Fairway metals have undergone plenty of changes in looks and performance over the past decade or so, but one thing that has never really wavered is their Coefficient of Restitution, or COR.
That number has long hovered around .780, in large part because equipment makers could not figure out how to get driver-like trampoline effect (.830, which is the maximum allowed under USGA and R&A rules) with metals made with much smaller faces. They could get those only so thin before the faces would break. As a result, club companies have not been able to do much in the way of increasing distance in that category.
Enter the Adams F11 fairway. Engineers at the Plano, Tex., company have figured out a way to bring COR up as high as .810 on steel-face models and .830 on those made of titanium, and that has enabled them to achieve those long elusive improvements in distance.
The key, according to Scott Burnett, director of advance product development for Adams, is a channel on both the crown and sole that employs what the company dubs Velocity Slot Technology. Those channels act as a leaf spring to increase deflection and reduce stress on the clubface, thereby expanding COR on both on-center and off-center hits. The face can compress more, which mean the company can increase COR. That increases ball speed, which increases distance.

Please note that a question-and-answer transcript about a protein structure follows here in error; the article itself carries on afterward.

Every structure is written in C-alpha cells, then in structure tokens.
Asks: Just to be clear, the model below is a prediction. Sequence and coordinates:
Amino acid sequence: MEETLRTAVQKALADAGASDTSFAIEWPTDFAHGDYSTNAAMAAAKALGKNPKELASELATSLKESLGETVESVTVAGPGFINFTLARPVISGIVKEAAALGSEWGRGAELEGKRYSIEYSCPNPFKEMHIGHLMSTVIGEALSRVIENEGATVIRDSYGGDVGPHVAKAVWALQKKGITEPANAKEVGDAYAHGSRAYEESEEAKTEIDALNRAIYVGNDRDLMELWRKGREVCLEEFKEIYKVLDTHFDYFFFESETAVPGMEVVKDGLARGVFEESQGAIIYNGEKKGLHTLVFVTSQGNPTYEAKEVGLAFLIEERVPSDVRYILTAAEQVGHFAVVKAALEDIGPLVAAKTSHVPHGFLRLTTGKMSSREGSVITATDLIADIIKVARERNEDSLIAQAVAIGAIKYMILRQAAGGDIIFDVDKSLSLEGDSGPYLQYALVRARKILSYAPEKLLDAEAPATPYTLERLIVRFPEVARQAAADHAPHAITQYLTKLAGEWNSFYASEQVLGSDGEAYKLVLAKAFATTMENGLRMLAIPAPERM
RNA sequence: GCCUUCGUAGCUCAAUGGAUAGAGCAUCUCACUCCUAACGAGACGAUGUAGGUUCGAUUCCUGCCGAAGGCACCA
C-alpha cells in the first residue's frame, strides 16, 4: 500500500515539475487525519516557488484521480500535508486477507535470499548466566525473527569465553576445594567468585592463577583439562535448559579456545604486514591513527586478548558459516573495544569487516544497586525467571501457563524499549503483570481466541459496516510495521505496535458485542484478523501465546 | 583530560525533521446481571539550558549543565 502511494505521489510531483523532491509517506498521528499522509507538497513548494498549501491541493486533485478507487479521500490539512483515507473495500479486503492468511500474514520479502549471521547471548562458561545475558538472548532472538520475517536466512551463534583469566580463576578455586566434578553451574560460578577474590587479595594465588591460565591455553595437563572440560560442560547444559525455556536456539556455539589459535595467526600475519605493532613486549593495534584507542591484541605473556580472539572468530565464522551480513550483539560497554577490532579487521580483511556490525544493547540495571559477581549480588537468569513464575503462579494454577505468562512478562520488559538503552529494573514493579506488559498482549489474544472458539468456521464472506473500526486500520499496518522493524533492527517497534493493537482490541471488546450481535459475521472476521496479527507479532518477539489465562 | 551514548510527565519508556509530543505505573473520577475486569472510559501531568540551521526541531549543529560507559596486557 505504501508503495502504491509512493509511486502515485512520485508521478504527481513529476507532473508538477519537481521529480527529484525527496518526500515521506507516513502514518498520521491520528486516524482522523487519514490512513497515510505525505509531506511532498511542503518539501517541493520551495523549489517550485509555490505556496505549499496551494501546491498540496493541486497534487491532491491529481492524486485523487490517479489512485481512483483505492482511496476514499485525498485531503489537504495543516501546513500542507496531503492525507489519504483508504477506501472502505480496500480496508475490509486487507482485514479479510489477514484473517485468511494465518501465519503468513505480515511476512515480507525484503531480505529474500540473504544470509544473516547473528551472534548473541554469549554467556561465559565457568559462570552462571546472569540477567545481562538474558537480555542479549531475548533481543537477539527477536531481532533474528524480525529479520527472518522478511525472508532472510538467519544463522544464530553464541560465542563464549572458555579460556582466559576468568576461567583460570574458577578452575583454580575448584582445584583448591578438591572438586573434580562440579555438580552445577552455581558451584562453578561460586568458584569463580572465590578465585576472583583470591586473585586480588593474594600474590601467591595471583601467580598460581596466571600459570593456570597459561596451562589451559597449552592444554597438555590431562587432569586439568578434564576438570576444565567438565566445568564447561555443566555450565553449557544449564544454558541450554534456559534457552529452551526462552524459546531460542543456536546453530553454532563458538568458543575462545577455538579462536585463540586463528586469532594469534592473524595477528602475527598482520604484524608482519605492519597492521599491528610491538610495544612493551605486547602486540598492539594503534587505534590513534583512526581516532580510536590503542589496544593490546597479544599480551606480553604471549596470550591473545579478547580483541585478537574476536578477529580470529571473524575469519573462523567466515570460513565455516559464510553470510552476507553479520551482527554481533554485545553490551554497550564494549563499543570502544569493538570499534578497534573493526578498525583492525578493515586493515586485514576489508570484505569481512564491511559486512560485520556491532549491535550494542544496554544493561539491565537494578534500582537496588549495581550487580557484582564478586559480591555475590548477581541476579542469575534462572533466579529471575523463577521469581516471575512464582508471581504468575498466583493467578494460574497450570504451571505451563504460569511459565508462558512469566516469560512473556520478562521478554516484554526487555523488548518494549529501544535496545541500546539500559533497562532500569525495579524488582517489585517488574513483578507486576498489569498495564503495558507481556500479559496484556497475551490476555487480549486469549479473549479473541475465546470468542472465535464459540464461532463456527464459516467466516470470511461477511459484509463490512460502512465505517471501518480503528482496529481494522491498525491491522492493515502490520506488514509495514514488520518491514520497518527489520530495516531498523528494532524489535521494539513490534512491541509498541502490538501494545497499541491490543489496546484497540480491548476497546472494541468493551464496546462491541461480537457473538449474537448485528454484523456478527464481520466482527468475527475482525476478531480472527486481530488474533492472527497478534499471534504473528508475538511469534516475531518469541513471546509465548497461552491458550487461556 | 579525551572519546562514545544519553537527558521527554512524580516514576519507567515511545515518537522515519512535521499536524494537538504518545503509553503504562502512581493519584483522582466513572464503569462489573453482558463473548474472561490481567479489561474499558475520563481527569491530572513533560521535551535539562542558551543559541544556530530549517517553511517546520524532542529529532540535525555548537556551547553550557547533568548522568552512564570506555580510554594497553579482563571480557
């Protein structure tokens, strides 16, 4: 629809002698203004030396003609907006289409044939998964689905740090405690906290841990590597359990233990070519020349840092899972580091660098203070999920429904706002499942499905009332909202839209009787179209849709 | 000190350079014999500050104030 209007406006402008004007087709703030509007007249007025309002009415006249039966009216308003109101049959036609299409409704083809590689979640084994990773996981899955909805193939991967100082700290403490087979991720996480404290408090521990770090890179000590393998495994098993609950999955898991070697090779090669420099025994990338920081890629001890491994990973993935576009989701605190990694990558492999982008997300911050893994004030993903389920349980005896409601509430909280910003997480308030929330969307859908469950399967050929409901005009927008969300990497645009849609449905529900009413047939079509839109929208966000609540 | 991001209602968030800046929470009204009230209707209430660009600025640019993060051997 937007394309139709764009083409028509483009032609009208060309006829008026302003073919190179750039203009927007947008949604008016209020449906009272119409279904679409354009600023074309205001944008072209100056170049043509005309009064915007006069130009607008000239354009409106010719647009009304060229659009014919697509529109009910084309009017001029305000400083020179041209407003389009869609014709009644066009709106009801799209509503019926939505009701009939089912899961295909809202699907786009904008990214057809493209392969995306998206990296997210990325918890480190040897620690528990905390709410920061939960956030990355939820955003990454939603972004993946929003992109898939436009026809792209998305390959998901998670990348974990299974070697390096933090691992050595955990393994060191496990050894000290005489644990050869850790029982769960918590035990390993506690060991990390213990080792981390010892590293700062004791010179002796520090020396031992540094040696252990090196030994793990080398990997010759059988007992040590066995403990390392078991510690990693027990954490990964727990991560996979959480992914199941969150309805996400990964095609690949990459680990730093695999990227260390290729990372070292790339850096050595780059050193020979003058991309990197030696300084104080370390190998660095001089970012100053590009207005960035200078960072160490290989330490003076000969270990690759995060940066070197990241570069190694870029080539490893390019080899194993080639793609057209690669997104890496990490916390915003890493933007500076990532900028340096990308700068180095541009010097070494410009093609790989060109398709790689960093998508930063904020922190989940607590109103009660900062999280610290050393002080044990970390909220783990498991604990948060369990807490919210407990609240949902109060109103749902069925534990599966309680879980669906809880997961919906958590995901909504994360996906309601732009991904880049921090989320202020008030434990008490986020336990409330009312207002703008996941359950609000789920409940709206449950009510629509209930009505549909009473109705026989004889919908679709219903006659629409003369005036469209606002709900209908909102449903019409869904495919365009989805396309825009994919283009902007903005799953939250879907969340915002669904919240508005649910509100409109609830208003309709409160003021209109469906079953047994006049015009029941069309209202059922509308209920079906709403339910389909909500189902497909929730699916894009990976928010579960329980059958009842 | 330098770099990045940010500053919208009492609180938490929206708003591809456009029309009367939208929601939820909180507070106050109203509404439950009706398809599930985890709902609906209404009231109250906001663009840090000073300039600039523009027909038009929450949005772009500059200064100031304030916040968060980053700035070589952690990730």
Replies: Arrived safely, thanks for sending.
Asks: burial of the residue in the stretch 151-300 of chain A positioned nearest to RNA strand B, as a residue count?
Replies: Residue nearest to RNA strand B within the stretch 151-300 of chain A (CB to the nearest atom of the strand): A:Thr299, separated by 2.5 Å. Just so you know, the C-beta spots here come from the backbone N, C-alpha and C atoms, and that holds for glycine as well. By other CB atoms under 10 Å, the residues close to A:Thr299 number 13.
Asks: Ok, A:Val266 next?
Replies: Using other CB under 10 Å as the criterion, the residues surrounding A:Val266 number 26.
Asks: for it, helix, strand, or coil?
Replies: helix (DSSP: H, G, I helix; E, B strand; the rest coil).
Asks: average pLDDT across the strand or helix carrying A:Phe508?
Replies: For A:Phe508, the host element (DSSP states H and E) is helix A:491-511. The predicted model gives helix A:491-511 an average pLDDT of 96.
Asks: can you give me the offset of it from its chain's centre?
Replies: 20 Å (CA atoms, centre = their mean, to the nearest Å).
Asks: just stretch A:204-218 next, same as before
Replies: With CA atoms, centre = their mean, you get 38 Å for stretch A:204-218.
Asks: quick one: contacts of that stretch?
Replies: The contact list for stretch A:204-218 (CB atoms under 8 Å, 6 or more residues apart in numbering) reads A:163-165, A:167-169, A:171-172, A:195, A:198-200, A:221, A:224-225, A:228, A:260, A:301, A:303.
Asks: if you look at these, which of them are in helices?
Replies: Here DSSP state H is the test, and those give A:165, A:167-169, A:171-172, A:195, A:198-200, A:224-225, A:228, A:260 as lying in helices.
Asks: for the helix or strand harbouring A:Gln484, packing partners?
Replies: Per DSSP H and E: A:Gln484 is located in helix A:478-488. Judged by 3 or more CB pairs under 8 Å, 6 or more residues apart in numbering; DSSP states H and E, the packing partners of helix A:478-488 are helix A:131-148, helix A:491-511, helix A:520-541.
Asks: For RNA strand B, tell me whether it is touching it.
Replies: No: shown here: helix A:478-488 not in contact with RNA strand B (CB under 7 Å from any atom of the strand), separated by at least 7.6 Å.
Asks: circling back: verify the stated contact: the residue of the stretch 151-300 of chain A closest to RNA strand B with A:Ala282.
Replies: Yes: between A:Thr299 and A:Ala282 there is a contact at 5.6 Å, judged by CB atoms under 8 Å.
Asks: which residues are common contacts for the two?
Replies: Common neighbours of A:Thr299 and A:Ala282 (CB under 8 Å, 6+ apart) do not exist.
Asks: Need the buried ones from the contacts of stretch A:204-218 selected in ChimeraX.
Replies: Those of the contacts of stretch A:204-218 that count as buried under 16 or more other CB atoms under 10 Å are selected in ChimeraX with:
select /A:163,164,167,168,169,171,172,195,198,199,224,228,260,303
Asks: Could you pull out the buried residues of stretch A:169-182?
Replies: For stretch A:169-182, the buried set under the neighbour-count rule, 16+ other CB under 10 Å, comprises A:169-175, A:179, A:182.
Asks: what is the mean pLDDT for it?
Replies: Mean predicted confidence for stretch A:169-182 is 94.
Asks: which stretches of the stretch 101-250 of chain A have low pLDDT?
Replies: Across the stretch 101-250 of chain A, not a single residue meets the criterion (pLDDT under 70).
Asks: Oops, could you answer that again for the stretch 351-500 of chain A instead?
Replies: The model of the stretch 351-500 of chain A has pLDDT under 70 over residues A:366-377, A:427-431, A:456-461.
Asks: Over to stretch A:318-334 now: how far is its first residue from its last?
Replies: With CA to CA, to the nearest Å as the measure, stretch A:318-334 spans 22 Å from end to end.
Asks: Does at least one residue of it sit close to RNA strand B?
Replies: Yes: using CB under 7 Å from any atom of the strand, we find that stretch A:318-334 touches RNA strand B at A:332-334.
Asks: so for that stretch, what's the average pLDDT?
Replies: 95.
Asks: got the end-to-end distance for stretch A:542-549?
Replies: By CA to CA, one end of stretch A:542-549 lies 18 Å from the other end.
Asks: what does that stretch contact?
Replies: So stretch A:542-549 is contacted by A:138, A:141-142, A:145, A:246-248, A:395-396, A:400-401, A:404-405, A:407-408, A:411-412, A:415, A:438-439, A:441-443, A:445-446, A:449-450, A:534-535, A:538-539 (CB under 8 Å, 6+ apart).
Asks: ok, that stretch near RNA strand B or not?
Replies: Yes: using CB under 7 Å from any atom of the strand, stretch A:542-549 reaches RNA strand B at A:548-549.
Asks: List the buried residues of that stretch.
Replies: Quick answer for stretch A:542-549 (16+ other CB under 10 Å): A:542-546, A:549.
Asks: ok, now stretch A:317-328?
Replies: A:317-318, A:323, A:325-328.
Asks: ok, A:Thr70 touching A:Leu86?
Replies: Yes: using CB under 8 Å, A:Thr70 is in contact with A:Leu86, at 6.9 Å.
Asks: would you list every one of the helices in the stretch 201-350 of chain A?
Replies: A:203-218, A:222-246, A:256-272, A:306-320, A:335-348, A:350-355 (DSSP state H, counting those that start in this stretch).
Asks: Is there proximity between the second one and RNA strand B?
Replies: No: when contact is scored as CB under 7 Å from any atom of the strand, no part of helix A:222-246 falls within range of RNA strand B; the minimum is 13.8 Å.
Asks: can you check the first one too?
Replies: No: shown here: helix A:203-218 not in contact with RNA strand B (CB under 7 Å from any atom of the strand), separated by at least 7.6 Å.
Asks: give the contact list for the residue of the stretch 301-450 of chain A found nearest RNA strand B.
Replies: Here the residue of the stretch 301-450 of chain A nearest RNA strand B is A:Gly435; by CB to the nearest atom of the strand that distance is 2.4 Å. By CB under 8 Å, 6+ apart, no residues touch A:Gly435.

“The result is a dramatically easy-to-hit fairway metal with a 21 percent improvement in forgiveness across the entire face, better ball speeds and up to 12 yards of added distance,” Burnett says.
“Historically, fairway woods had relatively low COR values due to the fact that their head and face sizes had to remain smaller for playability purposes,” he adds. “And we had pushed the distances they could be hit to the limits. But, by developing Velocity Slot Technology and applying it to the Speedline F11 fairways, we’ve been able to expand the COR across the entire face without adversely impacting size or durability.”
Both the stainless steel F11 fairways and the titanium version are available with either a high-launch Voodoo VS or mid-launch Matrix Ozik XCON shaft, and both versions come in 3-plus, 3 and 5 for right-handed players, and 3 and 5 for lefties. A women’s model features lightweight Grafalloy graphite shafts and is available in 3, 5 and 7 for righties, and 3 and 5 for left-handed players.